I caught a great documentary recently about Charles and Ray Eames (see below). At one point in the film, they discuss how there was a lack of credit shared among the various collaborators of the Eames’ line of furniture.
The conflict was succinctly expressed by Designers Jeannine Oppewall and Tina Beebe (about 19 minutes in)
“When a product comes out, it’s a river. It starts at one point and it ends at another point. Many people jump into it along the way.” “Everybody contributes a small piece. But only if they go on after that to produce a stunning amount of work, I think are they capable of saying ‘I did this and this in the Eames office, with no credit’.”
This got me thinking about my own design experiences in a firm and where I am today as an independent creative. I realized that even today “Credit” is a common source of contention in architectural, photographic, and other creative communities.
So here I am, expressing my own understanding of this paradigm between employment relationships and “credit”.
The production of intellectual property (IP) as a service or physical good can fall under two categories.
Work For Hire or Licensed Work
What is Work For Hire?
An employment relationship which transfers all ideas and creations (intellectual property) from employee to employer.
A common practice for almost any employer and is often (if not always) the case at universities.
It is essentially, the working relationship that has built our economy. I give you money for your good or service and you get to buy something else with that money.
When it comes to architecture firms, news papers, advertising firms, manufacturers, etc., your contract will state that the work or ideas that you develop while working for said employer becomes the property of that company.
I’m honestly not sure when this “contractual” relationship developed over time but I think Don Draper and Peggy Olson from Mad Men illustrate the Work for Hire relationship perfectly in this "Come to Jesus" moment in "The Suitcase" Episode.
This type or “relationship” makes sense to a great degree for any business to succeed. A company or firm often invests thousands or millions to give you, the employee, an opportunity to develop your idea. They take all the risk if your idea doesn't work. They also need to protect that investment from simply going to the competition.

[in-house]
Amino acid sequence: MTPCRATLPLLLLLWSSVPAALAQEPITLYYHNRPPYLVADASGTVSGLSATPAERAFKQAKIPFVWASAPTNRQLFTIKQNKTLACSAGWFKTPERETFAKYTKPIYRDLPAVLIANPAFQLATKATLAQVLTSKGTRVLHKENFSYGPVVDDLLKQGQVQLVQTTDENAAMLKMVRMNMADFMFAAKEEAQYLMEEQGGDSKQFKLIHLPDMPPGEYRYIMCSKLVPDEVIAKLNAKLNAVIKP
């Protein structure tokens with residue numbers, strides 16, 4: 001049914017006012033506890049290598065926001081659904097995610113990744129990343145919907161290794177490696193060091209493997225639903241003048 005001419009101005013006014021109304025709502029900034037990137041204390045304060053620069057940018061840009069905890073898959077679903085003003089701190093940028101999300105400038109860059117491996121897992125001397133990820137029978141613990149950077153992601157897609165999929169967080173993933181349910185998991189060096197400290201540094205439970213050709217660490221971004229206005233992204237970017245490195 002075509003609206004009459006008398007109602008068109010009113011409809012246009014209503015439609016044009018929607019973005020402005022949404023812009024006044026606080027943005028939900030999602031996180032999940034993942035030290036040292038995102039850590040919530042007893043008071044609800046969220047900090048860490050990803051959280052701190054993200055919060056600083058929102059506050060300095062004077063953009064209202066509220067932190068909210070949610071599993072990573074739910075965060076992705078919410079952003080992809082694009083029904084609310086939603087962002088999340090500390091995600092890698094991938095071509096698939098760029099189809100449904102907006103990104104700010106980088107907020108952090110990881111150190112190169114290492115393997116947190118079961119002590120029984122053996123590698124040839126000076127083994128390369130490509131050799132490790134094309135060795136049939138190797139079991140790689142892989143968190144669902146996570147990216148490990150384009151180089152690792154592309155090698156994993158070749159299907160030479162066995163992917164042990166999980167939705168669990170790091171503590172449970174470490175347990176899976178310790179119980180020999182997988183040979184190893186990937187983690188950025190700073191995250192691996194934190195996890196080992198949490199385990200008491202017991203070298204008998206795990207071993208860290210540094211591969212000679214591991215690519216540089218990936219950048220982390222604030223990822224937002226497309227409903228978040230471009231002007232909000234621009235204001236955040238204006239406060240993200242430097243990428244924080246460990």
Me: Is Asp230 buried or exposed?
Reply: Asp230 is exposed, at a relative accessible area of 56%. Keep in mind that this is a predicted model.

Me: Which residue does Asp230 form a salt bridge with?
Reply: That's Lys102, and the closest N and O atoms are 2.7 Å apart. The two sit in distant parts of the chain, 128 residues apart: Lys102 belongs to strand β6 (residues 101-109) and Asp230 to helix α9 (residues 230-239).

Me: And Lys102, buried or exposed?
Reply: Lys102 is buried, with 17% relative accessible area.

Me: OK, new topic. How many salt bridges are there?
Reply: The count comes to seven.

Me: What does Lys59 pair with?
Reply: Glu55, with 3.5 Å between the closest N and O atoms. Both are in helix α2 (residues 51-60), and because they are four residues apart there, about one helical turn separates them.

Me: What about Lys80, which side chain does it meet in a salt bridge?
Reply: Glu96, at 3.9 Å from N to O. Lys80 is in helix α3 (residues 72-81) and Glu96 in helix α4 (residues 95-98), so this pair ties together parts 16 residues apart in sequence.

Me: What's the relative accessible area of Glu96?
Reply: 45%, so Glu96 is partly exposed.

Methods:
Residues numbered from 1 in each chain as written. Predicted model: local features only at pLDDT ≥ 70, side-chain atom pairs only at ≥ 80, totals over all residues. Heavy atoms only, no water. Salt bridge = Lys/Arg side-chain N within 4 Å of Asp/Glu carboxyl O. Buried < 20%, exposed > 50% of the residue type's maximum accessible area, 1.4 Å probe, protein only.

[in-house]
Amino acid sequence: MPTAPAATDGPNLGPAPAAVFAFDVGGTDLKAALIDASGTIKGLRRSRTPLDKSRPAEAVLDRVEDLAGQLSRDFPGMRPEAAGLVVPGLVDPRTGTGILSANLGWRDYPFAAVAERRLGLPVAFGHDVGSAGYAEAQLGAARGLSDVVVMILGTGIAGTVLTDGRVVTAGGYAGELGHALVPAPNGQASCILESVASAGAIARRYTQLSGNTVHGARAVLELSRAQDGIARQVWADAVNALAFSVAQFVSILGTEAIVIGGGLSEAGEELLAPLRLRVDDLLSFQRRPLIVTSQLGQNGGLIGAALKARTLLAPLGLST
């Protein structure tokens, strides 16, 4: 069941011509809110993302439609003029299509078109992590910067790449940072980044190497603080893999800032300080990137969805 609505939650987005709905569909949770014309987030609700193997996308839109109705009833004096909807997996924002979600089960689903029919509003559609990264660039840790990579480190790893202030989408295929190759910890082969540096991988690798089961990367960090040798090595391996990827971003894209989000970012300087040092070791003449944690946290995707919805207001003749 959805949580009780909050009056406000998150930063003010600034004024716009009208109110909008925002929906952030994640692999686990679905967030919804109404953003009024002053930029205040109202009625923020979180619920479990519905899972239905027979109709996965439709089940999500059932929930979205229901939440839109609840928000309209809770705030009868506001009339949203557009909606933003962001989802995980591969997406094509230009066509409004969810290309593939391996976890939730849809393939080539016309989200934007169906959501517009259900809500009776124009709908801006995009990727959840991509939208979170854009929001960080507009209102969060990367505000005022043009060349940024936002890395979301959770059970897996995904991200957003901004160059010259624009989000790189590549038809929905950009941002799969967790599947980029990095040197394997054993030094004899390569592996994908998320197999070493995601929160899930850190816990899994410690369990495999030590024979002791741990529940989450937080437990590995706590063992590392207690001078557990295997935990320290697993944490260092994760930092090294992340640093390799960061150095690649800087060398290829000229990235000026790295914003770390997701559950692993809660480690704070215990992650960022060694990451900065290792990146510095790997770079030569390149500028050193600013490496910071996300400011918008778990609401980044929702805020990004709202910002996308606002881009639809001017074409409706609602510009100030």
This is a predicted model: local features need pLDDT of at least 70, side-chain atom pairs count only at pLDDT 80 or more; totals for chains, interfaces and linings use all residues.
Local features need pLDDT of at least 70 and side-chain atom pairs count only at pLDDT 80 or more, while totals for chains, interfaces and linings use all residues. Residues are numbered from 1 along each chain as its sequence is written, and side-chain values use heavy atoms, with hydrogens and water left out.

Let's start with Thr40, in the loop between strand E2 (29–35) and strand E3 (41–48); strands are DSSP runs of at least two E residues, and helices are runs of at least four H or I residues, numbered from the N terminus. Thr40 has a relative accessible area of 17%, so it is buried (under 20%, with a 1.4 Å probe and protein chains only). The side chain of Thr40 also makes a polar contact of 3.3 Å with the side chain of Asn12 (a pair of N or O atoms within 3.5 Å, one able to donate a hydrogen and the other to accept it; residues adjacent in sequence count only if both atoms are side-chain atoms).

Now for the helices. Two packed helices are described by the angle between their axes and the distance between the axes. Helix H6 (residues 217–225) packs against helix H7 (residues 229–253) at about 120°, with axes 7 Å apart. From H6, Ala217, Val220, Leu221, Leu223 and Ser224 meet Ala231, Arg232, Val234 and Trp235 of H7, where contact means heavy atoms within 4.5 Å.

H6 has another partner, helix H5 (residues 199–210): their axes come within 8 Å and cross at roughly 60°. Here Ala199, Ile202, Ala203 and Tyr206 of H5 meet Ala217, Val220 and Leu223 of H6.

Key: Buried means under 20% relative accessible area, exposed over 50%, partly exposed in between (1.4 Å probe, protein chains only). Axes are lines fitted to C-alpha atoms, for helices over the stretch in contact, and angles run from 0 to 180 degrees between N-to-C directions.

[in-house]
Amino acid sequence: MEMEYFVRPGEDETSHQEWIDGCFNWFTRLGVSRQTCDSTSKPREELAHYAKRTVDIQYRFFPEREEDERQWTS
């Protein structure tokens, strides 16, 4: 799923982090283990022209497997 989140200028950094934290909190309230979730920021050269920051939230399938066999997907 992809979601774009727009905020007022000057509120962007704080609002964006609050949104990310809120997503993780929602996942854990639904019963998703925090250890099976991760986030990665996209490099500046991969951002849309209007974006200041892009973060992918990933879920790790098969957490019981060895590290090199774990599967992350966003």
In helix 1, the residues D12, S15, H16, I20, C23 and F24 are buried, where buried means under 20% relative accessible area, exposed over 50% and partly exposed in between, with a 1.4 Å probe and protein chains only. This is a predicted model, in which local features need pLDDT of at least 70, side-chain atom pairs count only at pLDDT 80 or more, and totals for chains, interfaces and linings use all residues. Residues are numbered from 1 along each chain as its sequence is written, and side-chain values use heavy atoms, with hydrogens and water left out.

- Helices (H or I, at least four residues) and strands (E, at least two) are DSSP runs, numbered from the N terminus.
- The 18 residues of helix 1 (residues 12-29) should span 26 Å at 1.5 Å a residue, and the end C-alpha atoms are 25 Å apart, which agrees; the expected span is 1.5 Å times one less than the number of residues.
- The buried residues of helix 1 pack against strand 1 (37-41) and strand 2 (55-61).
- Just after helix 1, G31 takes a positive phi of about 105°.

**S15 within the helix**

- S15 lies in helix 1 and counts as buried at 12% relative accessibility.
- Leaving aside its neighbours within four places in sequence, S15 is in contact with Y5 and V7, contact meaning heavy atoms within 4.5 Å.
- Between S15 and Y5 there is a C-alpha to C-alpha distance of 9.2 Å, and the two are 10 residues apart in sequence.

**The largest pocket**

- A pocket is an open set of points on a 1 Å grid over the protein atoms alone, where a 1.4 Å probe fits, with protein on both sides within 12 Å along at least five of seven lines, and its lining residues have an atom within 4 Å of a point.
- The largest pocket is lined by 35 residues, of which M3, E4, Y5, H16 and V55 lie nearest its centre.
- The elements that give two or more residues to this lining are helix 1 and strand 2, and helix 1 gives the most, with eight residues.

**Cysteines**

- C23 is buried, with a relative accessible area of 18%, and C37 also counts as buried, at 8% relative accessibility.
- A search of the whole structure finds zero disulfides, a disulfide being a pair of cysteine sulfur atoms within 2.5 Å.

What if Johnny Ive came up with the design of the NEXT iRevolutionary product, then ran to another company and sold them the same design? Sure that cloned product might actually be horrible under the hood, but it could confuse consumers and hurt product sales.
In an architecture firm, it’s the principal(s) who is/are truly invested in the life or death of the firm and it’s work. They may have the most to gain but they also have the most to loose if a project fails to bring in more work. They also shoulder the liabilities if the project faces any legal issues from residents, contractors, or clients.
The continued success of that firm also relies on brand identity. Which is directly tied to completed work associated with the frim.
So what are the trade offs for a designer:
-The ability to use their talent to develop ideas.
-Receive a steady paycheck.
-Mobility of employment. As interests evolve or abilities outgrow current opportunities.
-Limited Liability associated with the completed project. That is unless they have stamped the drawings (in that case, ideally, there’s a higher level of pay for the associated risk).
Does that mean that workers don’t have the right to claim work as their own?
-Yes, if it damages either the reputation or sales of the current/former employer.
-No, if it is presented in agreement with the employer and in the context of the role played in it’s development. This is a common practice for designer in the form of a portfolio.
The difficult thing to realize however is that unless you are a principal or owner of a firm, you are likely in a Work for Hire relationship.